Euro Accountancy & Finance Services are fully registered as a Dutch Payrollprovider and, by law, any person working within the Netherlands has to be employed by a Dutch Payroll provider. The individual is employed through EAFS with income paid in the form of salary, expenses and allowances. The proportion of each depending and resting on individual circumstances.
Companies and organisations are constantly leveraging the worldwide market to extend their business operations and widen business goals and targets. Within these new markets, a local presence is vital for success. For overseas and foreign companies, the Netherlands offers itself as a premier destination for any globally growing multi-national company, not only because of its major entrance centers to the continent but also because the Dutch people as a nation are welcoming to any foreign investment and are hard working, well-educated and highly motivated.
Although employers and organisations will reap the benefits of working in the Netherlands, a number of challenges will present themselves; from complying with the complex Dutch labor laws through to ensuring that employees receive accurate and timely compensation. In order to combat these challenges and hurdles, it is advisable to follow the guidelines and the important aspects that employers should know.
Getting Started with Dutch Payroll
The first point to heed for payroll to be a success within the Netherlands is to set up the business properly. Although the Dutch Payroll law doesn’t require any employers to establish an office branch or legal entity it is strongly advised and the usual practise to do so. Whichever way you choose, the company is required to have a designated representative in the country in which to act as a liaison with the relevant tax office or social security organisation.
Companies are also required to open a local bank account for making the necessary payments to local authorities, also registering with the Dutch tax office to ensure contributions from employee and employers are received on a regular basis.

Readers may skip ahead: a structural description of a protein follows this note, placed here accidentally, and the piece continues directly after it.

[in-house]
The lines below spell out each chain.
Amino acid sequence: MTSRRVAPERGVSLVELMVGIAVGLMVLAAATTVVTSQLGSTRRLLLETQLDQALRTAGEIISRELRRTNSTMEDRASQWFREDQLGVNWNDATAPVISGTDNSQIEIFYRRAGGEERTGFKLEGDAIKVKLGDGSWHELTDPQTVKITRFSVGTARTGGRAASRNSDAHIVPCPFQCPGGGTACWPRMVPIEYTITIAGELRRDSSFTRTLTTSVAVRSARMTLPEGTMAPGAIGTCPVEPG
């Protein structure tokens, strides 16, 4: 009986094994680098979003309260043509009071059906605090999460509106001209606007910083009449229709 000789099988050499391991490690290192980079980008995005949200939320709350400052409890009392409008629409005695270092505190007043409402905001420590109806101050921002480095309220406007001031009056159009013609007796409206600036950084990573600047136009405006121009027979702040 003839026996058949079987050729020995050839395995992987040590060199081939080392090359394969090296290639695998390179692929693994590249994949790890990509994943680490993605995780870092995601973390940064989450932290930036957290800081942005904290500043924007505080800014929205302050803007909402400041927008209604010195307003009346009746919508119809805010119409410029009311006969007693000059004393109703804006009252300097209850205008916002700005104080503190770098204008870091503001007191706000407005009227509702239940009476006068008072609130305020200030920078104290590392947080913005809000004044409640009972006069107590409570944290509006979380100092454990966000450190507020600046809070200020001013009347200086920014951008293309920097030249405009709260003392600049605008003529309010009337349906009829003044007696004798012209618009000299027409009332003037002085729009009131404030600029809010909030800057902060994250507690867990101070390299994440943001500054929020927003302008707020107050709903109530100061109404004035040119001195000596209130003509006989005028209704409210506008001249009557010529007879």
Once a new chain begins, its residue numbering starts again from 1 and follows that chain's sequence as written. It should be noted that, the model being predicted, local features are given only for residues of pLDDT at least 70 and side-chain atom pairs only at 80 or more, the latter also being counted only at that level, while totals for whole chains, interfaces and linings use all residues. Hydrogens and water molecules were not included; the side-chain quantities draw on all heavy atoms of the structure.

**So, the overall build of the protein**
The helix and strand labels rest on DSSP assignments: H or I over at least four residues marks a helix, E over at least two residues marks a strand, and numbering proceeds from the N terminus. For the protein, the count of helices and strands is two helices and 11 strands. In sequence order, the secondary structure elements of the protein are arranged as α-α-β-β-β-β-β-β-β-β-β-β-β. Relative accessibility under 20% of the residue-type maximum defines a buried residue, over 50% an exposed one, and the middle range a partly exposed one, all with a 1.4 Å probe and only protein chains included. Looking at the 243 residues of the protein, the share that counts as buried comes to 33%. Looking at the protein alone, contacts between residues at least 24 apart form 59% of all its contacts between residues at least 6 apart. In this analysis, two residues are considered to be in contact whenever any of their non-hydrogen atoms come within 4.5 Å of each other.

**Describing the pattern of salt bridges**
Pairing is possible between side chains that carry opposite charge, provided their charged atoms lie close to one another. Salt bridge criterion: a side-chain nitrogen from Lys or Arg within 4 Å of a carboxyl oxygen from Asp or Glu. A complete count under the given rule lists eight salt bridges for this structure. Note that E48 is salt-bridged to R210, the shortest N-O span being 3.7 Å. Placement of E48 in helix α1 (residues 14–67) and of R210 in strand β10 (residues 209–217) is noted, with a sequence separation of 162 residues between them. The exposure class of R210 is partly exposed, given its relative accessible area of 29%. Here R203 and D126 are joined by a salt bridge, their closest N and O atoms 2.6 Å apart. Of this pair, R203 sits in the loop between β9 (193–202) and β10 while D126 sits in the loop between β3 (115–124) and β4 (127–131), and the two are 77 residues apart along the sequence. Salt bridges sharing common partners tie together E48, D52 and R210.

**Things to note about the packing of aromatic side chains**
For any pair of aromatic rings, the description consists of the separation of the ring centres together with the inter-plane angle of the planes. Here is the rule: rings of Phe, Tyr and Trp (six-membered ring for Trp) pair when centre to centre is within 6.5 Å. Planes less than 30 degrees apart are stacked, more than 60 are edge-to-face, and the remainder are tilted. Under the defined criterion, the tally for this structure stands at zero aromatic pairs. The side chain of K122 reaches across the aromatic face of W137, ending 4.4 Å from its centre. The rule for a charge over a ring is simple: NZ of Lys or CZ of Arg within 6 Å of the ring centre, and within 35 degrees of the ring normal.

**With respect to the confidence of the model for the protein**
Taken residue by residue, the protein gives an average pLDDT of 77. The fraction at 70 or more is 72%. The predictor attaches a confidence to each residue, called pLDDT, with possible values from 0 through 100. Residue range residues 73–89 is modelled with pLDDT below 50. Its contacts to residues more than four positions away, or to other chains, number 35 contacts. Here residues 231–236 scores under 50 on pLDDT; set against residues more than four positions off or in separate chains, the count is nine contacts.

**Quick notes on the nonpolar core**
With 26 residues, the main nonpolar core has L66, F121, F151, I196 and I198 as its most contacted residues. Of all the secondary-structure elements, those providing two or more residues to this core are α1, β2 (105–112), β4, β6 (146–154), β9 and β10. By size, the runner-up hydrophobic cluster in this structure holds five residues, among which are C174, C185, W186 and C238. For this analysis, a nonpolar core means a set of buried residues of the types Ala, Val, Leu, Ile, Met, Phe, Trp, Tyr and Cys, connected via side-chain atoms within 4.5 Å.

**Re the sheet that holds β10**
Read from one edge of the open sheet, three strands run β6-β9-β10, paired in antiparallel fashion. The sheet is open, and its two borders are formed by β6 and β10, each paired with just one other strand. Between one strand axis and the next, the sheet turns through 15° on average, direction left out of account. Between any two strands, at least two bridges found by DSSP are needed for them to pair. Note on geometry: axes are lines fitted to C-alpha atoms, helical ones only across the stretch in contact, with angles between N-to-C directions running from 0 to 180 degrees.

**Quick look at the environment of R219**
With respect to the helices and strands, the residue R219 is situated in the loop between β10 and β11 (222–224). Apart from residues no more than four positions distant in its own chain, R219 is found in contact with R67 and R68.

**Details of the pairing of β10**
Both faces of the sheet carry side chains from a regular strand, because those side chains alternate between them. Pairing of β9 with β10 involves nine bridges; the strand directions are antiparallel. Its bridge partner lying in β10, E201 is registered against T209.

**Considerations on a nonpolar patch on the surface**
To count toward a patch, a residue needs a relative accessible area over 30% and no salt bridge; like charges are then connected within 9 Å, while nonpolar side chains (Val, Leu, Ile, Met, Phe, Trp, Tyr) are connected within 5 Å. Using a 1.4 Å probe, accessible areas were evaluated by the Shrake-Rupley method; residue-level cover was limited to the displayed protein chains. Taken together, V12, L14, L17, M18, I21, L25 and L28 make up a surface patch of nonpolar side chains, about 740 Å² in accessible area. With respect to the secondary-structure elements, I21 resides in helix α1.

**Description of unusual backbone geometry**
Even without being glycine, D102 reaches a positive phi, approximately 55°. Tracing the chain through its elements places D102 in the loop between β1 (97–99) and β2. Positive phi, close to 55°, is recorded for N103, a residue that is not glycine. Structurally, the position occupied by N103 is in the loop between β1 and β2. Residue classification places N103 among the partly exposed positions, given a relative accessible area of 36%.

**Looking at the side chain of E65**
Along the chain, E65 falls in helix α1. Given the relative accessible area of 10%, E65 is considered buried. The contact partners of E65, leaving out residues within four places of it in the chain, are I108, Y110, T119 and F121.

Complying with Employment Law…
Another important step is complying with the Dutch Payroll employment laws. Designed to protect the rights of Dutch workers, a highly important aspect requires employers to recognise that collective labour agreements take priority over statue law, if they are more favourable to the employee. Alongside this, minimum conditions already established by the collective agreement can only be improved upon and can’t head back the other direction in an individual employment contract.
Employment laws within the Netherlands also outline the maximum number of hours that can be worked, usually between 36 and 40 hours per week (with overtime pay for up to 48 hours), paired with the Dutch minimum wage of €342.85 per week.
The laws also principle the right to paid leave of a minimum of 20 days per annum, also including a holiday bonus equal to 8 per cent of the employee’s annual earnings.
Onboarding and Termination of Employees…
When taking on new employees the employer also has to ensure that workers sign a salary tax declaration. This will require their address and name, date of birth, social security number and if the employee wants to use a tax discount. Employers should also receive a copy of the employee’s passport and store it on file for up to five years after the employment has wrapped up.
When it comes to dismissing employees, no termination can be undertaken without the approval from the regional employment offices, although termination by mutual agreements doesn’t require authorization some form of documentation is often useful to prove compliance with the employment agreement – such as notice periods and payment for outstanding wages due.